Nestled within the upper reaches of an old timber-frame structure, Levi + Wong Design Associates paints a stark contrast to the ethos of the quaint and historic town of Concord, Massachusetts. Here, in one of the most important early small towns in American history, we find a firm using technology that just a few years ago was heralded as the future of architectural practice. Headed by its two key principals—Thomas C. Levi and Willie W. Wong—the multi-disciplinary design firm they lead is surprising in both its size and sophistication.
The juxtaposition between old and new was further unveiled as I spent nearly two hours touring the office with Levi and his key technology lieutenants, Lawrence Passmore, IT Director, and Vincent Boutaud.
The firm—servicing clients from Massachusetts to California, Florida to the mid-Atlantic states, and naturally all of New England—offers a full range design services including expertise in both acute care and rehabilitative hospitals, senior living and senior care facilities, specialty healthcare, and campuses and buildings for both corporate and technology.
Levi + Wong’s work is also geographically diverse. They practice all over New England and clear across the country from Florida to California. As a design firm, services include: architecture, landscape architecture, interior design and planning—all integrated into one design firm. And ‘integration’ is a good word to use to describe the firm’s design process—uniquely centered around its developed 3D ‘virtual design” workflow.
When It All Began
As it turned out, Thomas Levi didn’t begin the firm he founded 25 years ago with so much technology in mind, or that he would even one day lead a firm surfing its leading-edge. Like most architecture practices older than a few decades, they made the jump from paper to digital CAD like most everyone else, plotting along for years with PowerCADD on Macs. Then in the late 90’s Levi got introduced to the 3D ‘virtual building’ concept pioneered by Hungarian software house GRAPHISOFT.
“I wanted to be a better designer,” remarks Levi, when prompted to explain why he got into virtual building technology with Graphisoft’s ArchiCAD. “I wanted to be able to continually visualize, instead of sit here and sketch and go back and forth between CAD.”
At the time the firm learned of ArchiCAD and the ‘virtual design’ process they had been working for Millennium Partners, one of the global leaders in upscale development and major mover in the New Urbanism. “We were doing a balance between the healthcare and corporate back then,” says Levi, “and the corporate was some of the really fun work back then and Joe Larkin of Millennium here in Boston encouraged us, saying this technology was out there, was the future and to just do it. So we did.”
Upon making the leap to move to a 3D ‘virtual building’—or what is today referred to as BIM (building information modeling)—workflow the firm did go through some initial teething issues. “Of course on the hospital side initially it was quite fussy,” remarks Levi, “but these days the healthcare work is so precise it now actually helps us tremendously.” “Today the firm has more than 15 years of experience using ArchiCAD,” Levi adds, “and all projects and teams utilize it as their primary design tool.”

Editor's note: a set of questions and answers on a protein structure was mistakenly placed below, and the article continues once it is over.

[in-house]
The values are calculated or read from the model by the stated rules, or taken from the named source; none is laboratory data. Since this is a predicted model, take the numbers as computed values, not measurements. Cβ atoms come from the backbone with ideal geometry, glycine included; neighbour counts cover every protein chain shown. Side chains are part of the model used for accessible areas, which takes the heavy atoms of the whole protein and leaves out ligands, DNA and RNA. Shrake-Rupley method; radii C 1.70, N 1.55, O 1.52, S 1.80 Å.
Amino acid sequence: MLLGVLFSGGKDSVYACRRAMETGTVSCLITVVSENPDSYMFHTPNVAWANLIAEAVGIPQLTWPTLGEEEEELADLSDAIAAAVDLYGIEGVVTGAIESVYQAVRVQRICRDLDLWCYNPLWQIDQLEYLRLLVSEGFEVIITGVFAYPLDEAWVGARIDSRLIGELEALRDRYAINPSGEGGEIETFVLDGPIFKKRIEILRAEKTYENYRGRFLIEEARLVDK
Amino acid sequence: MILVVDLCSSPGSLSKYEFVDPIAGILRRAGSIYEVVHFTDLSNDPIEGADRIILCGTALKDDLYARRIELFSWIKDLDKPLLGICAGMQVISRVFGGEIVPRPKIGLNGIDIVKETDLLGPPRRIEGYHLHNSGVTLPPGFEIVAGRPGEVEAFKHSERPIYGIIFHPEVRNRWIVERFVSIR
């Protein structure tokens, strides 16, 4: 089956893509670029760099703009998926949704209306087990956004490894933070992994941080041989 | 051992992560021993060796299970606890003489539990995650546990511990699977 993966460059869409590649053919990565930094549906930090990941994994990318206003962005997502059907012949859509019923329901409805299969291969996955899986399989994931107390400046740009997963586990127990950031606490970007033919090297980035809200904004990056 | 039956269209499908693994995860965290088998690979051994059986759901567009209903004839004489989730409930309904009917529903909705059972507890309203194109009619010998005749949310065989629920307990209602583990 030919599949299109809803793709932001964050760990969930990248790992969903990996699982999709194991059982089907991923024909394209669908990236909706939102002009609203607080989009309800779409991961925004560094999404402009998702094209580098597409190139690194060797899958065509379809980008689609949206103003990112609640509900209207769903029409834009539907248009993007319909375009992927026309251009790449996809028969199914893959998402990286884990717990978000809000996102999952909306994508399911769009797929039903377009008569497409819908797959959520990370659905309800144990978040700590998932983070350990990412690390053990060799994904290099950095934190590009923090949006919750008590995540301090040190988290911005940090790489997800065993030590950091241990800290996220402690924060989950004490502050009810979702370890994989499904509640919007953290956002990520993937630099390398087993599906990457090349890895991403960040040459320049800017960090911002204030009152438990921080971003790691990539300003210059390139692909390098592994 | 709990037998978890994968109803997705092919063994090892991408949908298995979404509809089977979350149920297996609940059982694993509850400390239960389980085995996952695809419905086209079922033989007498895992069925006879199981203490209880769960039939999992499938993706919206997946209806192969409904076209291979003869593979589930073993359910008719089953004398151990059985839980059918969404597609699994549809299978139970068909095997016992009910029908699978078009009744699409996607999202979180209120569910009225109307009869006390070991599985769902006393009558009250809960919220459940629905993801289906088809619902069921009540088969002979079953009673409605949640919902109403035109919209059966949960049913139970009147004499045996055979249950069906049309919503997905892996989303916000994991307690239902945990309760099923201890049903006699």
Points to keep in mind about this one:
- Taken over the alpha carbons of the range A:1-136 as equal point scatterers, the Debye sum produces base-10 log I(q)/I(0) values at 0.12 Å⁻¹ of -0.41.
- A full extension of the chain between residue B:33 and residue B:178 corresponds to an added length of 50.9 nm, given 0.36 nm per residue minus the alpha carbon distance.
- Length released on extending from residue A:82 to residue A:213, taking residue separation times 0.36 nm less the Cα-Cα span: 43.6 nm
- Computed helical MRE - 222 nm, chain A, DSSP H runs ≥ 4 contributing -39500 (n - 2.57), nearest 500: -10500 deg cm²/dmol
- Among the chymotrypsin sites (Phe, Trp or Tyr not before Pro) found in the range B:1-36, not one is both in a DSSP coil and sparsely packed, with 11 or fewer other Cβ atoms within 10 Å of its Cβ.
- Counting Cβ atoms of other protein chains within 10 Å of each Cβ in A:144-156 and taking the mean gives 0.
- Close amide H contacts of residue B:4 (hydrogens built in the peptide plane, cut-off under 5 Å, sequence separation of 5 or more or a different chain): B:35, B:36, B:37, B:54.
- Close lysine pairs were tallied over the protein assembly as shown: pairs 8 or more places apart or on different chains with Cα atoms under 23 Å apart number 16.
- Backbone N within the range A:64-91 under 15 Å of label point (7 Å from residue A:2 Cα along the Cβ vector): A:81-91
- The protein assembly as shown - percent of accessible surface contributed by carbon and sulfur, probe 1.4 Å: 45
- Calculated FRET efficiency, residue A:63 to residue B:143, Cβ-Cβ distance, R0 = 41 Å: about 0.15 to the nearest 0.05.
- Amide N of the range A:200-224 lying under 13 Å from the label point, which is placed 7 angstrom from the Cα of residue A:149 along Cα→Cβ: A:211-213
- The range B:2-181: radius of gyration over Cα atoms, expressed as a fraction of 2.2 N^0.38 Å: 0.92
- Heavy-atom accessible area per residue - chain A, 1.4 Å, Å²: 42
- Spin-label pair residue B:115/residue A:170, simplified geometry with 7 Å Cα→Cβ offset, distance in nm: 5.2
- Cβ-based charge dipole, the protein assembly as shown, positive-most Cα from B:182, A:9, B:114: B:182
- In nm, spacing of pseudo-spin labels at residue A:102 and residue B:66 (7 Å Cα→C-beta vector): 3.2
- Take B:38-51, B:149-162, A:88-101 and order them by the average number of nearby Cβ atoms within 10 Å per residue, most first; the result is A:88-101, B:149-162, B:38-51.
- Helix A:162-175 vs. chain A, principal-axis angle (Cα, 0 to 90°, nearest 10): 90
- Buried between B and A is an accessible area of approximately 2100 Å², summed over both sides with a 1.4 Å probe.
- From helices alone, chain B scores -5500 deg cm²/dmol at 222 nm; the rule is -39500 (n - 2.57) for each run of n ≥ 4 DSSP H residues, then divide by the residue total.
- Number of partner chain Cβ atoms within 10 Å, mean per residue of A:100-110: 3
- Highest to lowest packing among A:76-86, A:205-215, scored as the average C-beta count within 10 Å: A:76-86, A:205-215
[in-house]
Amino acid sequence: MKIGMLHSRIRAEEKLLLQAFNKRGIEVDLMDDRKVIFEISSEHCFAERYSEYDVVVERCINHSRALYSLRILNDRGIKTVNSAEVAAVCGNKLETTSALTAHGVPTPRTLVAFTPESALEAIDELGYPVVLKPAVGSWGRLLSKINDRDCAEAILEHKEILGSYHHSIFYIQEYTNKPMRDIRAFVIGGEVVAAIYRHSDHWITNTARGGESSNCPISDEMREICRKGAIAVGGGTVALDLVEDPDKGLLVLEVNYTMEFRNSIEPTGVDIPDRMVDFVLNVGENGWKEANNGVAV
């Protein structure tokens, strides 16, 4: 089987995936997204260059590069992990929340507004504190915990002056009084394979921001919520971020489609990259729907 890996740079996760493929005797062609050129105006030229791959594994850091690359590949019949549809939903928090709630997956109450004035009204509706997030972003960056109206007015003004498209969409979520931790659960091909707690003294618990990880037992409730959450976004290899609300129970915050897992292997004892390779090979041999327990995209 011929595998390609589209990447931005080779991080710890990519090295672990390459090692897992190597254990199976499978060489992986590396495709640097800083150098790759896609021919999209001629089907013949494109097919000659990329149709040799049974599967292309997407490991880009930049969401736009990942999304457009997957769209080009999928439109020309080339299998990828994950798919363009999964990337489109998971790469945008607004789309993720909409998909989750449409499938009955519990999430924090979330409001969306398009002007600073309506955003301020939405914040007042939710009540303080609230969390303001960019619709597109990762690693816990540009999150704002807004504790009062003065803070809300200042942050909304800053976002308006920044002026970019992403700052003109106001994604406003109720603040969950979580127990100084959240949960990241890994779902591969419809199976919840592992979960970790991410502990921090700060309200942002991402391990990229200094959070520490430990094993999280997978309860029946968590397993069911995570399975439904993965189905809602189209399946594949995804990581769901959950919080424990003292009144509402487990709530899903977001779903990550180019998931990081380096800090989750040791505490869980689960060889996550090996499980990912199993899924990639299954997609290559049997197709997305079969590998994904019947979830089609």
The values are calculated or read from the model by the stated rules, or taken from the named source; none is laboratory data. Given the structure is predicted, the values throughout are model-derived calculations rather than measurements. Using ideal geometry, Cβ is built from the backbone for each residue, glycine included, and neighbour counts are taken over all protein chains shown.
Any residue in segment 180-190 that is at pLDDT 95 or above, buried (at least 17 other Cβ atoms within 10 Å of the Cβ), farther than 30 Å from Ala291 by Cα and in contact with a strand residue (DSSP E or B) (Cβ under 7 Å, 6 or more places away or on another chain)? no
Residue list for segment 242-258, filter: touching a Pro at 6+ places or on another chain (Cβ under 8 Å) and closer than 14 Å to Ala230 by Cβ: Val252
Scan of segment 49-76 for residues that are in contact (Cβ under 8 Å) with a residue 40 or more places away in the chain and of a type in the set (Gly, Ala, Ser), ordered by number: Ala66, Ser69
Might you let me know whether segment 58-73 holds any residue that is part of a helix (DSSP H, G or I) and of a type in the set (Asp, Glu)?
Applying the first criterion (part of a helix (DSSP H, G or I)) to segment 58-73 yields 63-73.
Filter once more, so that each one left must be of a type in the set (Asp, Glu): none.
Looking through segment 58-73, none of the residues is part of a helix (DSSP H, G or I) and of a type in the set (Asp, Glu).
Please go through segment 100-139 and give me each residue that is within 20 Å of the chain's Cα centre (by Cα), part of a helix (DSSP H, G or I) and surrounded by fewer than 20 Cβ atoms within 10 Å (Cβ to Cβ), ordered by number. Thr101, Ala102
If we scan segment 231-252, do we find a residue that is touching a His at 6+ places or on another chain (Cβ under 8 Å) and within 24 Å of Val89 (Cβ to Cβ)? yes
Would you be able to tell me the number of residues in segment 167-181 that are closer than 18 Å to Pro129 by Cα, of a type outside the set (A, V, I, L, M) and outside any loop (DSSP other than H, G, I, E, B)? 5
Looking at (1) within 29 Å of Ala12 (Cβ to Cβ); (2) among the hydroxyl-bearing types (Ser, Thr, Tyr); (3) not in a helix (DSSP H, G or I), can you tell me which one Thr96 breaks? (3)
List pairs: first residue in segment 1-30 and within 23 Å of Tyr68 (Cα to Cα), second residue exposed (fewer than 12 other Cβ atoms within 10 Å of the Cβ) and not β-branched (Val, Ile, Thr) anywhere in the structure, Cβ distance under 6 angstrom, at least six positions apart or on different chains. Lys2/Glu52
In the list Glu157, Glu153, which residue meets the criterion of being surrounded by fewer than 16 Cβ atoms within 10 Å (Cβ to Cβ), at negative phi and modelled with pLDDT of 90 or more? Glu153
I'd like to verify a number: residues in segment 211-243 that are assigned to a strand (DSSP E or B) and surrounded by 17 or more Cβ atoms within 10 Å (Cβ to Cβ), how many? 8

Benefits In Workflow Change—BIM For Levi + Wong
As the firm advanced with ArchiCAD and a true BIM process workflow it’s clients also began to adapt along with them, but at differing rates and engagement. Healthcare as an industry is a 800 pound guerrilla. It’s understandable—the industry in the US is just a behemoth, it’s a technical and information-laden industry fraught with complexity.
In healthcare architecture a lot of the ‘client-to-architect’ interaction is triune and multifarious. The architect can be asked to meet multiple, layered and sometimes competing goals. “And on the medical work a lot of information is coming into the design process from the medical staff,” adds Lawrence Passmore, Assoc. AIA, “who aren’t trained in the architectural process and yet they have to understand dimensional drawings, which can be a little strange for them sometimes. And so,” he continues, “when I started here Tom was really interested in having us model all those little details, medical equipment, and showing them to the medical staff to get their feedback on them.” (see images 02, 04.1 – 04.2)
“We model everything,” says Levi, “if we can’t buy it we can model it up quickly.” “Yes, the model is a type of diagram” adds Boutaud, “it doesn’t have to be perfect or an exact replica of a given device, but it communicates the story.” To facilitate this, Craig Boyer, a former Graphisoft technical representative, works as a BIM facilitator, building smart objects on demand and managing consistency in the process, and Keith Bradly works as a visualization coordinator, assisting design teams with CINEMA 4D to transition their models into photo-realistic images and movies.
The firm has built-up a growing 3D model library with hundreds of 3D accurate models of medical and healthcare equipment found in every type of exam room, triage unit or OR suite. This is benefiting the firm as times goes on.
Levi notes that the ‘virtual design’ and BIM workflow does force decision-making earlier in the process. He indicated that when they are in the traditional schematic phase they are actually mid-way through design development. And when they are mid-way through design development they are substantially into construction documents. “It is really front-loaded decision making and it does speed the process up.”